Federal watchdog signs off on NYCHA’s $450M boiler plan

Federal watchdog signs off on NYCHA’s $450M boiler plan

The federal watchdog for NYCHA signed off on the agency’s plan to use $450 million in state aid to replace decrepit boilers and elevators in its developments, officials said Thursday.

“This is a remarkable first step towards dramatically improving the lives of NYCHA residents,” said NYCHA chairman Greg Russ. “NYCHA will quickly move to expedite the planning and construction process.”

News of the approval came just hours before the arrival of the first cold snap of the season, which forecasters say could send temperatures tumbling into the 20s.

The first wave of boiler replacements will target 37 troublesome plants that provide heat for nine developments by 2023. The schedule for replacing the rest has yet to be determined.

Those developments include 830 Amsterdam Ave., Carey Gardens, Coney Island 1B, 4 and 5, High Bridge Gardens, Butler Houses, Mitchel Houses, Queensbridge North, Richmond Terrace and Unity Plaza.

NYCHA also plans to use the money to replace 148 troublesome elevators in 10 developments — work that will take until 2024 to finish.

State officials held up releasing the money for years over concerns about NYCHA’s management, angering tenants and city officials.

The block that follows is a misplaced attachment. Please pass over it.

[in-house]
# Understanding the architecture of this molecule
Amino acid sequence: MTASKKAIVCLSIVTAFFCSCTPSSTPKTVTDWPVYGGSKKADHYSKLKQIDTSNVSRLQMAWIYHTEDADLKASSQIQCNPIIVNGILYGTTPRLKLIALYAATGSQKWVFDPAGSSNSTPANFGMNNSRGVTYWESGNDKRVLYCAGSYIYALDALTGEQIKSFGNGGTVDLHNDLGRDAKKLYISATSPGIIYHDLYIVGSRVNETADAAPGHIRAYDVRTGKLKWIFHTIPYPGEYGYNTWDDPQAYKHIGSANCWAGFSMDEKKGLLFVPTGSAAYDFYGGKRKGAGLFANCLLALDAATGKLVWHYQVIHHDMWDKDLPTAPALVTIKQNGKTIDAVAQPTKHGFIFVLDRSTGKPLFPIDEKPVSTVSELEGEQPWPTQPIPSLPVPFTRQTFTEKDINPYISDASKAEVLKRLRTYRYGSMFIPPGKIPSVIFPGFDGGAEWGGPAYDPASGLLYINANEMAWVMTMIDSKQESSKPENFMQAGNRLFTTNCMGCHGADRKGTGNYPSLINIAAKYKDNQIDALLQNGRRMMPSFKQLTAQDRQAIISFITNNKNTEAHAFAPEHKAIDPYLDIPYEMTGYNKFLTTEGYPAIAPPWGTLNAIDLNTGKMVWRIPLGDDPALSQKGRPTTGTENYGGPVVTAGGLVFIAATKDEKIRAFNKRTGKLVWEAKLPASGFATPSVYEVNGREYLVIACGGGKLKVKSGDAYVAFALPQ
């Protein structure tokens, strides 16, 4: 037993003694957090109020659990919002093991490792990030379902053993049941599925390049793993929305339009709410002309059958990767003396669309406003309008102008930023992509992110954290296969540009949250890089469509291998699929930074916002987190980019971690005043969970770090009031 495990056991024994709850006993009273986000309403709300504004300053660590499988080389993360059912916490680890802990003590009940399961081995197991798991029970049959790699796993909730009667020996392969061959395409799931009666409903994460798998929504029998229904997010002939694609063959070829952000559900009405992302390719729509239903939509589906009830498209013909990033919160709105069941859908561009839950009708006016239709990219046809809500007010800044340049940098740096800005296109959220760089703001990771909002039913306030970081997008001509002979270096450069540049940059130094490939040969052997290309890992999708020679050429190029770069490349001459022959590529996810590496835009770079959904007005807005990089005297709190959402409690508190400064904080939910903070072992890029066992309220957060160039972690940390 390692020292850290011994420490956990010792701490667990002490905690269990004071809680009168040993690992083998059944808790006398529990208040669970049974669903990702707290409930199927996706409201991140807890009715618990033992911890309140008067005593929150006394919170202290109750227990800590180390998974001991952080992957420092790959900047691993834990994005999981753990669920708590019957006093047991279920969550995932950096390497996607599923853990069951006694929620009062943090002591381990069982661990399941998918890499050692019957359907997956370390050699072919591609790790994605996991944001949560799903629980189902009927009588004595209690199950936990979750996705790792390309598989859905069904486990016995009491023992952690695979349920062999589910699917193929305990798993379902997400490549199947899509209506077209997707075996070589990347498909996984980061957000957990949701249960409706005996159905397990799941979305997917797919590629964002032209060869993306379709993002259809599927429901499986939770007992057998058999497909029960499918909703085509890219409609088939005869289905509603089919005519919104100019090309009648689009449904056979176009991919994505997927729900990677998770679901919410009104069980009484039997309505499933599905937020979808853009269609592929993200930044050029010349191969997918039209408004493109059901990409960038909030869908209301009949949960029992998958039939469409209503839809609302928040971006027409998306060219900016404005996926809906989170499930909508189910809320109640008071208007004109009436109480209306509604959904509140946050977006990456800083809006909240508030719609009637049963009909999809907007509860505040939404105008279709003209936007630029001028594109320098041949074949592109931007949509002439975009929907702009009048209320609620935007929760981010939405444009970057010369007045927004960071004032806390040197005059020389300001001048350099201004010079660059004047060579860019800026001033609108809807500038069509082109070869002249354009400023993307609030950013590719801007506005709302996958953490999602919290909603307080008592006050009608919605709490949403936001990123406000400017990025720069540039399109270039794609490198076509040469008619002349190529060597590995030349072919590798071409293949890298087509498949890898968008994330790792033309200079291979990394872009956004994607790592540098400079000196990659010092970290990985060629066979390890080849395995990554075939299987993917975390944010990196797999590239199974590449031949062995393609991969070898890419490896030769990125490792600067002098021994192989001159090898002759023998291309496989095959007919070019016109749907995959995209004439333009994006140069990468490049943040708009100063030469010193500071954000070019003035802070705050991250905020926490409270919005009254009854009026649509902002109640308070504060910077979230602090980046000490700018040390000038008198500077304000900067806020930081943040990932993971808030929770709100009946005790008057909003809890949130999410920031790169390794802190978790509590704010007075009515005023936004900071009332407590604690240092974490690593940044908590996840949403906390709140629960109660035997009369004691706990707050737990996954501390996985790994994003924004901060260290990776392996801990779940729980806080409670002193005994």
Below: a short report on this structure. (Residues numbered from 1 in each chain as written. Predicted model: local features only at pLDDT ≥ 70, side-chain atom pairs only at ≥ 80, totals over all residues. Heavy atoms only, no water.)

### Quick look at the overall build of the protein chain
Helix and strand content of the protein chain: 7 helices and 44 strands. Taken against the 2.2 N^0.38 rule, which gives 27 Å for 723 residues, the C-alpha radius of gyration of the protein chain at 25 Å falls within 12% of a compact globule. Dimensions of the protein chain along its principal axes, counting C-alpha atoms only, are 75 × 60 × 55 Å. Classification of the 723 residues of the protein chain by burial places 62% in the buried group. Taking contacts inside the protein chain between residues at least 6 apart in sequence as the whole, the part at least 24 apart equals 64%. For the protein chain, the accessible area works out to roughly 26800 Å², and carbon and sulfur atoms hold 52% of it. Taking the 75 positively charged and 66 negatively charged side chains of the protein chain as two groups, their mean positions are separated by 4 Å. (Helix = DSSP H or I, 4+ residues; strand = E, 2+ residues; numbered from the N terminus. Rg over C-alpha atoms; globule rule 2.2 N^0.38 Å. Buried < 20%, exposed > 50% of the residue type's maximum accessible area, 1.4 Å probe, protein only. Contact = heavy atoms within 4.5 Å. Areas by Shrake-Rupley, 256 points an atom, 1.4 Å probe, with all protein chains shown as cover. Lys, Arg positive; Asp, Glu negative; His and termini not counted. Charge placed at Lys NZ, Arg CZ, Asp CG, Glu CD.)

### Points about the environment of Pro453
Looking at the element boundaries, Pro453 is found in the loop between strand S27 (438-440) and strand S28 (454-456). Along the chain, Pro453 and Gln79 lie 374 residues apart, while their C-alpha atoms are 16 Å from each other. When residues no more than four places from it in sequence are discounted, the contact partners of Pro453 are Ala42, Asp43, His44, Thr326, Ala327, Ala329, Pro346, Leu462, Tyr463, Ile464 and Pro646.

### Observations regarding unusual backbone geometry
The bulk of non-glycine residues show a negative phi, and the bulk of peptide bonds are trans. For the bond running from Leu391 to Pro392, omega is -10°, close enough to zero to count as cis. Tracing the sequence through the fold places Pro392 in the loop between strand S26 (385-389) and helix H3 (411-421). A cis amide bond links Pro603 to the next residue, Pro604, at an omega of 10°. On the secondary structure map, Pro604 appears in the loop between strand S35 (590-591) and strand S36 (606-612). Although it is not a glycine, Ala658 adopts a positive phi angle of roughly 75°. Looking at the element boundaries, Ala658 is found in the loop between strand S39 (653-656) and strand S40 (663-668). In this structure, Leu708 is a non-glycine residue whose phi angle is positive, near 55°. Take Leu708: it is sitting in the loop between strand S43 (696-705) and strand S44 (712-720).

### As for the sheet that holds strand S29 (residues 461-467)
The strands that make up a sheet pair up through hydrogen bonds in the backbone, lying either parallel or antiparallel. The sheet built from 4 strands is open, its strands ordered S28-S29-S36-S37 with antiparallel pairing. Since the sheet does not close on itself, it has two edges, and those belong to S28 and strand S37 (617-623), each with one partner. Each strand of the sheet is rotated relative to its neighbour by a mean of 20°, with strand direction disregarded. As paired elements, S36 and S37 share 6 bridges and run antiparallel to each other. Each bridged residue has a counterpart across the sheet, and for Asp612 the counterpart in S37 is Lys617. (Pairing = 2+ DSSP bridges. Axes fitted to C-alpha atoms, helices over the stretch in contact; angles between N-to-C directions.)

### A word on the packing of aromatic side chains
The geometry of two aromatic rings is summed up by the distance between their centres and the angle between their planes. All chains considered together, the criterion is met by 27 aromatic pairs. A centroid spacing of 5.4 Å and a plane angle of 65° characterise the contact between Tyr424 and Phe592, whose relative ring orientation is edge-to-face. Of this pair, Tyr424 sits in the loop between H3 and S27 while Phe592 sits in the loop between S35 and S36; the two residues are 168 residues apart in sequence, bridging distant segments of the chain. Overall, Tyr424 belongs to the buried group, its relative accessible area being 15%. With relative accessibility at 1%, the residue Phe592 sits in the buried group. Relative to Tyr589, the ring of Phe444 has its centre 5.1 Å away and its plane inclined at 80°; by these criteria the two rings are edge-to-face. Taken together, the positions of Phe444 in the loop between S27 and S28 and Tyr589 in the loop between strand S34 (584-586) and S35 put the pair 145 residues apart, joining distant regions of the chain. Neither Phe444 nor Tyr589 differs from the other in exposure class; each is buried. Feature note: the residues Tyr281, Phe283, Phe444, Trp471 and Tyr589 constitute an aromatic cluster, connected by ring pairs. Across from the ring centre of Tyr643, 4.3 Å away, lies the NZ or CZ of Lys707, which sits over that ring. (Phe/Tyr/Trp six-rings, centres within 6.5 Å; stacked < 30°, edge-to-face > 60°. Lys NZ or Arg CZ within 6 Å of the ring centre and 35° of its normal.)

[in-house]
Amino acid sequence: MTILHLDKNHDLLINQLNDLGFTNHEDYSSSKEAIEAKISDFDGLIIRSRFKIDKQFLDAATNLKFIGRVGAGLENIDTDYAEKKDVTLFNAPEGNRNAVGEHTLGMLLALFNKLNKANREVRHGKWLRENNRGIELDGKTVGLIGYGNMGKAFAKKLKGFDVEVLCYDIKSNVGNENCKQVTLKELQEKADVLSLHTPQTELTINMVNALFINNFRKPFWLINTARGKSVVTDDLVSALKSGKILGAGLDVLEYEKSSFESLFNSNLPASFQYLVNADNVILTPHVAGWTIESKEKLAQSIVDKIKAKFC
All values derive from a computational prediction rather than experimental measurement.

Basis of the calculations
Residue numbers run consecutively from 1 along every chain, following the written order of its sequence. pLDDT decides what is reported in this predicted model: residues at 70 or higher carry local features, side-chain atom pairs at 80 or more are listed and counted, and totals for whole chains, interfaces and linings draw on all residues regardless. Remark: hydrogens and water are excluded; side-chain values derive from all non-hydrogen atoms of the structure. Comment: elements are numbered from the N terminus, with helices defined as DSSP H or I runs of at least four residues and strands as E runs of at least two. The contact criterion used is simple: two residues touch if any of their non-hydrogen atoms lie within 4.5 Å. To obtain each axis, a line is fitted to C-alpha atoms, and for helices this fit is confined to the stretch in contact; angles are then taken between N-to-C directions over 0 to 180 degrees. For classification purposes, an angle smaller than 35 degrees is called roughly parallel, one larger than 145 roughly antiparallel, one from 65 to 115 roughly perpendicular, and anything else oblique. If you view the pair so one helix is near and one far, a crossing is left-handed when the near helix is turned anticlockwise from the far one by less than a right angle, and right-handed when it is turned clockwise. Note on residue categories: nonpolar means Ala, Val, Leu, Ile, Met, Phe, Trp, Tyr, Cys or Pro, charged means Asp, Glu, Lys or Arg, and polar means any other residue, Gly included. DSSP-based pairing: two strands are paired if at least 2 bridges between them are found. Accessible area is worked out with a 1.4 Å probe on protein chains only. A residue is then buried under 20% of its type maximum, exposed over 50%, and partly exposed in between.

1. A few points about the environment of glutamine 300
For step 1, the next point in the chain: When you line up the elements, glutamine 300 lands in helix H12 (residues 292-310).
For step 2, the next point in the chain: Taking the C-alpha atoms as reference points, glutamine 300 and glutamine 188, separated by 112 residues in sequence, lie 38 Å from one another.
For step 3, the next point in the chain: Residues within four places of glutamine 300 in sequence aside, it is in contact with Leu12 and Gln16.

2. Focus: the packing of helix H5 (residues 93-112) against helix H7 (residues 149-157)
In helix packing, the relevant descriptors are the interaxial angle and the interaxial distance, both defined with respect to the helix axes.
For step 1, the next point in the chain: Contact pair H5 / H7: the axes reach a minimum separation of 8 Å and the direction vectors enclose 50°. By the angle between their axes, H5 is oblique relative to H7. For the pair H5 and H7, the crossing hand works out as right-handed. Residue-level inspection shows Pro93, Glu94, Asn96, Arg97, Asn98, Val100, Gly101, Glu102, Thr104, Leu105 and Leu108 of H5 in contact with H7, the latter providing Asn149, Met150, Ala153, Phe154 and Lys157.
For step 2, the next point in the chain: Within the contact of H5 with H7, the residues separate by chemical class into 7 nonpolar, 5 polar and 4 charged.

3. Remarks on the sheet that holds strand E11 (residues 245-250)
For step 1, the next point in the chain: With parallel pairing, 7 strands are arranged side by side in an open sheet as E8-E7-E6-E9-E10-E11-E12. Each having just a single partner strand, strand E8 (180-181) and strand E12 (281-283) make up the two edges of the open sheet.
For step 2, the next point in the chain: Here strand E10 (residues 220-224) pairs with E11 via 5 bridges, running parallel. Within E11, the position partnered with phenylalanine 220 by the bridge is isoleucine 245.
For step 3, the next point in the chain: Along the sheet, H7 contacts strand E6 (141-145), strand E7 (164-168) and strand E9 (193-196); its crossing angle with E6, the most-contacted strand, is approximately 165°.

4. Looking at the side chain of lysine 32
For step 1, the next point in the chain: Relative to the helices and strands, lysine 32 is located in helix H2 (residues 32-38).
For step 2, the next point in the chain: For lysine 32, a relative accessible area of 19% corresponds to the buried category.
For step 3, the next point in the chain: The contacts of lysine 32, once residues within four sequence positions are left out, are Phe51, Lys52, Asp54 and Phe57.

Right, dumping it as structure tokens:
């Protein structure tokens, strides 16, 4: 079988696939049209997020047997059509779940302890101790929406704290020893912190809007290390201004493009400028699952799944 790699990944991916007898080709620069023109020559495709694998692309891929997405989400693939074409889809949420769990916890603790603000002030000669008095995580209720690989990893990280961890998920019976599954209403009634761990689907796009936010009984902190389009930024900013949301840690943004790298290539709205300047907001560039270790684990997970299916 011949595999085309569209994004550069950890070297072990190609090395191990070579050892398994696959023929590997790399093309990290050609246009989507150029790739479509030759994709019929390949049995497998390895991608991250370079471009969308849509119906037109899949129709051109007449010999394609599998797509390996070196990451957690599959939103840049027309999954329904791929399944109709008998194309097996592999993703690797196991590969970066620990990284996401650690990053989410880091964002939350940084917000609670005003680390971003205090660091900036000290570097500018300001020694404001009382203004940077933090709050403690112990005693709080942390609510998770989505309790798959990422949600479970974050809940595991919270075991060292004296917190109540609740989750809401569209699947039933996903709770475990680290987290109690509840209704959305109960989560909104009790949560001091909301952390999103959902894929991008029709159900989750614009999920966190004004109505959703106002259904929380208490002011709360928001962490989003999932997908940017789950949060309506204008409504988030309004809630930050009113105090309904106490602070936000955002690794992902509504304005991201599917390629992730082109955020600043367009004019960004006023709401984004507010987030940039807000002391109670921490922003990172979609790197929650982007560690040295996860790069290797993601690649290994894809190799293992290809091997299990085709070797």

NYCHA wants to use the injection of cash to help tackle two of its longest-standing problems — heating and elevator failures.

Statistics obtained by the Legal Aid Society and The Post showed that nearly 90% of NYCHA’s apartments lost either heat or hot water during the last winter.

Still, officials, including Mayor Bill de Blasio, spun the performance as a win because they managed to slash the average time residents endured outages in half.

City Hall has until October 2024 to reduce heating outages to just 15% of apartments during the winter under the agreement signed with the federal Department of Housing and Urban Development in January.

Heating and elevator failures are just two scandals in the cascade of crises that have crippled the nation’s biggest public housing agency — which is the city’s largest landlord.

The agency is under a partial federal takeover that includes the federal monitor because of city mismanagement, including a lead-paint debacle.

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